- by Joe Nolan
Born on September 9, 1941 in Dawson, Ga., Otis Redding and family moved 300 miles north to Macon when he was three years old. Unlike many cities in the Peachtree state, Macon had been spared the ravages of Sherman’s march to the sea during the Civil War. By ‘44, Macon showed the scars of the quieter cruelty of stalled urban renewal and the impact of 30 years of the Great Migration, in which large sectors of the South’s African American population left their homes for economic opportunities in cities like Detroit and Chicago. The decaying downtown facades, and the old men sitting on the steps of the abandoned railway station, spoke the forlorn whispers of a city where “progress” had simply marched passed.
Upon their arrival in Macon, the Redding’s made a new home for themselves in the Tindall Heights Housing Project in West Macon. Officially known as Bellview, the residents at the Project all referred to their neglected neighborhood as “Hellview.” Otis’ father, Otis senior, like many black men in the neighborhood, worked at the nearby Robbins Air Force Base. However, due to a chronic battle with tuberculosis, Otis senior was an inconsistent provider. During one prosperous period, the family – including Otis’ mother, Fanny, his baby brother, Rodgers, and four sisters - was able to purchase a humble home of their own. However, after a devastating fire, the family found themselves moving back to into the Projects at “Hellview.”
By the time Otis reached the tenth grade, the pressure on the family had become so great that he decided to drop out of high school in hopes of helping to support his siblings.
“My father was ill, he had TB, and he was in the hospital more than he was home; my mother was working, and it was just a burden. I can remember when Otis left school he went out on the road with Little Richard’s old band, the Upsetters, and he would send home twenty-five dollars a week. That was a lot of money in those days. - Rodgers Redding, from Sweet Soul Music, by Peter Guralnick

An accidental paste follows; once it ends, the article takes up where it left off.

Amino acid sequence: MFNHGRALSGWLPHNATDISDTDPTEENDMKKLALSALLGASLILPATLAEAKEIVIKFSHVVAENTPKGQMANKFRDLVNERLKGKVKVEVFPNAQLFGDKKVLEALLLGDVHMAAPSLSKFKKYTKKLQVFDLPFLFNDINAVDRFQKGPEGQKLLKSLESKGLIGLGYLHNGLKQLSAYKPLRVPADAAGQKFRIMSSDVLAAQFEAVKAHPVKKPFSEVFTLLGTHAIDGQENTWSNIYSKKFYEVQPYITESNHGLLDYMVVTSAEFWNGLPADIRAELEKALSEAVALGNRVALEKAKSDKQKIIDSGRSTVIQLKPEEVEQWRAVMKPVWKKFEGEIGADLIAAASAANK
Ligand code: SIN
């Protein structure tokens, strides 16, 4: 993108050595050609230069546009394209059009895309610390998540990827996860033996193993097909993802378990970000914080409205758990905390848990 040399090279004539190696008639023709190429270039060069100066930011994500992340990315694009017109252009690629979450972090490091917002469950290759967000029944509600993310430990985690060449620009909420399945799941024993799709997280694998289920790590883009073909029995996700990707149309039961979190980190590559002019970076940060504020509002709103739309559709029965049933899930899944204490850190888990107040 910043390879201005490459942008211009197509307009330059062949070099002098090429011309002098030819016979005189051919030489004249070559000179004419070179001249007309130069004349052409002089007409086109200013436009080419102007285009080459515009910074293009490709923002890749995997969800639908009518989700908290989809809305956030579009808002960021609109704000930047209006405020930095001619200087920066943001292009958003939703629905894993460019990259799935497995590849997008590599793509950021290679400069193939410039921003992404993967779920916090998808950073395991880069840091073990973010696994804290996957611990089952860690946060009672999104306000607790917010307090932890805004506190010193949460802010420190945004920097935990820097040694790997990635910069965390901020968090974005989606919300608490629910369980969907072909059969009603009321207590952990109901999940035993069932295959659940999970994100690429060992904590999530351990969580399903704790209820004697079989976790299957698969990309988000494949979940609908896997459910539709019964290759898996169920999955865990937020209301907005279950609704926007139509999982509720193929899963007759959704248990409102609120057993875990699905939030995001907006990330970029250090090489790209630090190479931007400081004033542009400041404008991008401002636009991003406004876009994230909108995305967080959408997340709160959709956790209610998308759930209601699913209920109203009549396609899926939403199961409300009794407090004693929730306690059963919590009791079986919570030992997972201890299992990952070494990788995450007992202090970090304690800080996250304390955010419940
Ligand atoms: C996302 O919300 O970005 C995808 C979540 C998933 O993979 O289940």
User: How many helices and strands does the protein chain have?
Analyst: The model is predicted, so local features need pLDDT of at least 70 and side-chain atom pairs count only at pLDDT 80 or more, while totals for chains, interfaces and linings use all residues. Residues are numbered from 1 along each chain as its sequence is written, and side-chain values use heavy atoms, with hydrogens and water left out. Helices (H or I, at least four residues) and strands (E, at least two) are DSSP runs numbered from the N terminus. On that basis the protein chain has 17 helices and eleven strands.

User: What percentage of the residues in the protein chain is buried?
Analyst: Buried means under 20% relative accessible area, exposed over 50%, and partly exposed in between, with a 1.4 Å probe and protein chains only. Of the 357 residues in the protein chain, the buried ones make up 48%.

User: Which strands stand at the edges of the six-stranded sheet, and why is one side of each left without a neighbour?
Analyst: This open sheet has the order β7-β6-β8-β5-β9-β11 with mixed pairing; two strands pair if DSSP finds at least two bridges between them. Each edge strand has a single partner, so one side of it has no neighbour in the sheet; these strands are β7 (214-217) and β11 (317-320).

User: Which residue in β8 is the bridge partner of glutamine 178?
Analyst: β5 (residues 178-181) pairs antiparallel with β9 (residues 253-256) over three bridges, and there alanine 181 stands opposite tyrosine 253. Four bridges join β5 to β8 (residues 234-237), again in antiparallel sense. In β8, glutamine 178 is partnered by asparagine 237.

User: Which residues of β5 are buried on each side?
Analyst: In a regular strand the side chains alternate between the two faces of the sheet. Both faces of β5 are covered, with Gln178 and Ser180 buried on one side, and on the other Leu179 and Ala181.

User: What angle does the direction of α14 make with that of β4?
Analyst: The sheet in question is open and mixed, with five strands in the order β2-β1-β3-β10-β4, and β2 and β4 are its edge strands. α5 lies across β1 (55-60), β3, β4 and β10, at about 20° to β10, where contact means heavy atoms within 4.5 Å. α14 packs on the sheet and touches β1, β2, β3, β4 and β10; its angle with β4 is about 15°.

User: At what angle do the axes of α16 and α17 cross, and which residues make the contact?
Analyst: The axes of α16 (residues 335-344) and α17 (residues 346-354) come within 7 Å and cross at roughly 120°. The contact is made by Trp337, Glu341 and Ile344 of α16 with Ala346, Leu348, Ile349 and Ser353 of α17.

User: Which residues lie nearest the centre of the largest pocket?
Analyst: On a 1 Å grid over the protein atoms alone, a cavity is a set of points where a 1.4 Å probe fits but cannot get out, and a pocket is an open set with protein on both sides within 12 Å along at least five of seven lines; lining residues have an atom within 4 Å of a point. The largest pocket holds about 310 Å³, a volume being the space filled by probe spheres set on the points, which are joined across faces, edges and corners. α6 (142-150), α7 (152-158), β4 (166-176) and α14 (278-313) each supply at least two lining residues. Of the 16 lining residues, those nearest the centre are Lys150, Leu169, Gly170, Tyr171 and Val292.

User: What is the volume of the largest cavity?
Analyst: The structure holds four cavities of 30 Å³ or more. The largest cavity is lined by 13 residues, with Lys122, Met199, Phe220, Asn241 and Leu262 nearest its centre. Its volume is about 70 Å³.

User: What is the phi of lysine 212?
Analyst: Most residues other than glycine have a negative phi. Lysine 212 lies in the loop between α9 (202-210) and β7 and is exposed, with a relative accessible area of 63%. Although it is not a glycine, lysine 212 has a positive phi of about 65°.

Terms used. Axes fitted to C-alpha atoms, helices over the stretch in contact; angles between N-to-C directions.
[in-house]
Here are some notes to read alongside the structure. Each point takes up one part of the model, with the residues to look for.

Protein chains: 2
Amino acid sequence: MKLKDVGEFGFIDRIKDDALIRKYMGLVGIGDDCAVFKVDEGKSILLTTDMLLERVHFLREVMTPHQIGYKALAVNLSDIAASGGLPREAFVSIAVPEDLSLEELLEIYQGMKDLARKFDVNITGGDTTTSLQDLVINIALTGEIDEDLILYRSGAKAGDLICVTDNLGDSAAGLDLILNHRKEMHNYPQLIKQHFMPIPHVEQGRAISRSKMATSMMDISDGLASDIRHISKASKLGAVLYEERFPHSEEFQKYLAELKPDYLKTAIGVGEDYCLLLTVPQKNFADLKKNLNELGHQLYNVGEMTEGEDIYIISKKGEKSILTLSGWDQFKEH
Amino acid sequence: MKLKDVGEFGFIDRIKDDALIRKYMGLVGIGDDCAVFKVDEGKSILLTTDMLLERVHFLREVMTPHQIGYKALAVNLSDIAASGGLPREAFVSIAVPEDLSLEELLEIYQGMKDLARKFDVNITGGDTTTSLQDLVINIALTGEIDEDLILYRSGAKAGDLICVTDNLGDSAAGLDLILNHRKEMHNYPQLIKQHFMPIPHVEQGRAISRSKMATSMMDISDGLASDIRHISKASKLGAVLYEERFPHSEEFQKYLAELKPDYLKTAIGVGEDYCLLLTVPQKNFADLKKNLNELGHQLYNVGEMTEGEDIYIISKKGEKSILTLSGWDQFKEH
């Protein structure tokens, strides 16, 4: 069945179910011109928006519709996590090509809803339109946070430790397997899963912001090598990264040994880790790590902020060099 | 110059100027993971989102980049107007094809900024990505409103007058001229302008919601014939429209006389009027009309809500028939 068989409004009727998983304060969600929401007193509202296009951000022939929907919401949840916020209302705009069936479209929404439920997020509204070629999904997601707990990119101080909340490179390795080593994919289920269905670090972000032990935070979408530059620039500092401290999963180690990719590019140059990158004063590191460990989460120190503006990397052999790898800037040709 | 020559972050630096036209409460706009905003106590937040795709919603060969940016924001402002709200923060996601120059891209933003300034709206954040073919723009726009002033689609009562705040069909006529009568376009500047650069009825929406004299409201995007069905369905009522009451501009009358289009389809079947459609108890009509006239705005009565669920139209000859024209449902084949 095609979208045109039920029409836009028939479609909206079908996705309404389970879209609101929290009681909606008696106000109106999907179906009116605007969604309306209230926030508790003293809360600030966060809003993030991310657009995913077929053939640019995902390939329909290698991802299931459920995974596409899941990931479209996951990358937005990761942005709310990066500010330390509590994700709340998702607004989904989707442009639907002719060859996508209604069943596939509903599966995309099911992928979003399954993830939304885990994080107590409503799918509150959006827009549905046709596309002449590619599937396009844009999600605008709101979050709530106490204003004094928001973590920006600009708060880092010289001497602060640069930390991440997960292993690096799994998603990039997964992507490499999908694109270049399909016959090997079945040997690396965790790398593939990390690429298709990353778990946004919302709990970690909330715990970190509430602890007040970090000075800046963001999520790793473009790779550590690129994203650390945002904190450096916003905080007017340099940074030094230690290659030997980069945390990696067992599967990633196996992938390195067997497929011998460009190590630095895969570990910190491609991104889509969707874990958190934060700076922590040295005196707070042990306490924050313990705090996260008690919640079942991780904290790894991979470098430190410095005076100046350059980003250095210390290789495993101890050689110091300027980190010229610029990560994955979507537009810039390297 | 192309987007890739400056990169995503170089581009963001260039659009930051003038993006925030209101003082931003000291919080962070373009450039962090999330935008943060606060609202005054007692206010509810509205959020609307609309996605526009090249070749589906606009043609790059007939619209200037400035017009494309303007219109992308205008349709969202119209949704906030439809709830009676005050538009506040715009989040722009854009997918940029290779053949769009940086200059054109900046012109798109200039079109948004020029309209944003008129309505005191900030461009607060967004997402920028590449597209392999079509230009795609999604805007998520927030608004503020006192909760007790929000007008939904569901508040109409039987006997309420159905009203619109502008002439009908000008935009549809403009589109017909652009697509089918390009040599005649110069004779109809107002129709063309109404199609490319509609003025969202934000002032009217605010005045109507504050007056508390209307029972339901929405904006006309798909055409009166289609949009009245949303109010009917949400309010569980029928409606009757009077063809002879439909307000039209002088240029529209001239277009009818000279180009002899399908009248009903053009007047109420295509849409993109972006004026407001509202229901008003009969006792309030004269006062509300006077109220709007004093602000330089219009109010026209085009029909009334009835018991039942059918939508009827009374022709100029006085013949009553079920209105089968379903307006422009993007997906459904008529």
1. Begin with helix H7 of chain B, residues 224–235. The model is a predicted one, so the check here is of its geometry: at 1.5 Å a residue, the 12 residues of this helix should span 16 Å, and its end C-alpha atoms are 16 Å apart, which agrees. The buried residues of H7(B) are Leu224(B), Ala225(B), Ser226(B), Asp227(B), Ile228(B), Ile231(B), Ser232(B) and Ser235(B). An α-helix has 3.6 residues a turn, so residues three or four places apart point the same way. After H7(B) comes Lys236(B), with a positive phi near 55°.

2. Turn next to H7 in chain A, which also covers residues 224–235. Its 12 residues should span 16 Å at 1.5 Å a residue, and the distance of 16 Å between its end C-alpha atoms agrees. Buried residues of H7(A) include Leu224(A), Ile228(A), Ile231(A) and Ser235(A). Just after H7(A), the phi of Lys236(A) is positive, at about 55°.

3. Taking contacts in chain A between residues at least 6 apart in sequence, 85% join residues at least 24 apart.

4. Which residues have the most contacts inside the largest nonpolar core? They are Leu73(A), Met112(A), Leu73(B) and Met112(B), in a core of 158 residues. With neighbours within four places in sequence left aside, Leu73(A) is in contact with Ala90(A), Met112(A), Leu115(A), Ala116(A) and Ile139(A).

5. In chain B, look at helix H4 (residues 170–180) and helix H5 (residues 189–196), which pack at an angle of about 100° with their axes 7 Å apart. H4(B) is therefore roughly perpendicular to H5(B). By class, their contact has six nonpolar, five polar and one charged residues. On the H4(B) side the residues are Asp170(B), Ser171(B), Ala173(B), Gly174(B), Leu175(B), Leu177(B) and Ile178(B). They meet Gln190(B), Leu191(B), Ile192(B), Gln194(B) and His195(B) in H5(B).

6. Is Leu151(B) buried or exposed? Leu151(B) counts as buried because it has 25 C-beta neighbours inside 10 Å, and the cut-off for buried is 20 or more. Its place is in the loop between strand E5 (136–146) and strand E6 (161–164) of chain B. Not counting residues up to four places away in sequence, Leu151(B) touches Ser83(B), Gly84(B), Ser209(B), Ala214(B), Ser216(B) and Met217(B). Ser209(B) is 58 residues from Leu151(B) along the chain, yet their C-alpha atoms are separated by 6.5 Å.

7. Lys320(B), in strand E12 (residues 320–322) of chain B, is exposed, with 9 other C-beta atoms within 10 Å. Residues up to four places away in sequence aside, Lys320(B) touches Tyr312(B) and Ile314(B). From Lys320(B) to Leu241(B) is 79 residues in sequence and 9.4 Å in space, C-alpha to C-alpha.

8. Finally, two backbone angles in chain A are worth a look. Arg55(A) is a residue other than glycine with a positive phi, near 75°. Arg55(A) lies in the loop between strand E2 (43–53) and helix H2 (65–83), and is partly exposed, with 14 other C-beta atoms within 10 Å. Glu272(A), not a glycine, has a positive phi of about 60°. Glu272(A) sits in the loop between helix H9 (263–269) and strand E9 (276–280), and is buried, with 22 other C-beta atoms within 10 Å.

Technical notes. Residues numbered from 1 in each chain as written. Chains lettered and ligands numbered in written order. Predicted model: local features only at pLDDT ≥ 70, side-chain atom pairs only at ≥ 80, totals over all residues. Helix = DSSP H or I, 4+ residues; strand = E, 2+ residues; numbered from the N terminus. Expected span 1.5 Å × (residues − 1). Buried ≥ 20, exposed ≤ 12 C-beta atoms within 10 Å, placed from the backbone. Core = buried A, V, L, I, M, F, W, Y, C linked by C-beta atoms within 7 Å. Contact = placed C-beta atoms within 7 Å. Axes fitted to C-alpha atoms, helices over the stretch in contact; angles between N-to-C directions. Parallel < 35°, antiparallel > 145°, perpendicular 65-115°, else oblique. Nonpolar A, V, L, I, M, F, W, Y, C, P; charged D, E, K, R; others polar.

However, Otis soon found that the path of a musical artist is strewn with many stones, and he had to find other means of making a living when he couldn’t find a club gig or a road job. As a teenage dropout, he took whatever work he could find. He spent a stretch working around rural Georgia with a well-digger. He also ground out a paycheck as an attendant at various gas stations. But no matter how he busied his body earning his daily bread, Redding’s mind was always restless and preoccupied with thoughts about music.
Peter Guralnick’s Sweet Soul Music, Harper and Row, 1986
James Dickerson’s Goin’ Back to Memphis, Simon and Schuster Macmillan, 1996
Michael Haralambos’ Right on: From Blues to Soul in Black America, Drake Publishers, 1975
Respect Yourself: The Stax Story, documentary film, produced by Tremolo Productions,
Concord Music Group and Thirteen/WNET New York, for PBS’ Great Performances, 2007
The Otis Redding biography at African Genesis
Otis Redding at Wikipedia
Otis Redding Biography at History of Rock
Otis Redding Biography at the Otis Redding official website
Joe Nolan is a poet, musician and freelance journalist in Nashville, TN. Nolan writes about visual art for the journal, Number, published by the University of Memphis. Find out more about his projects at www.joenolan.com.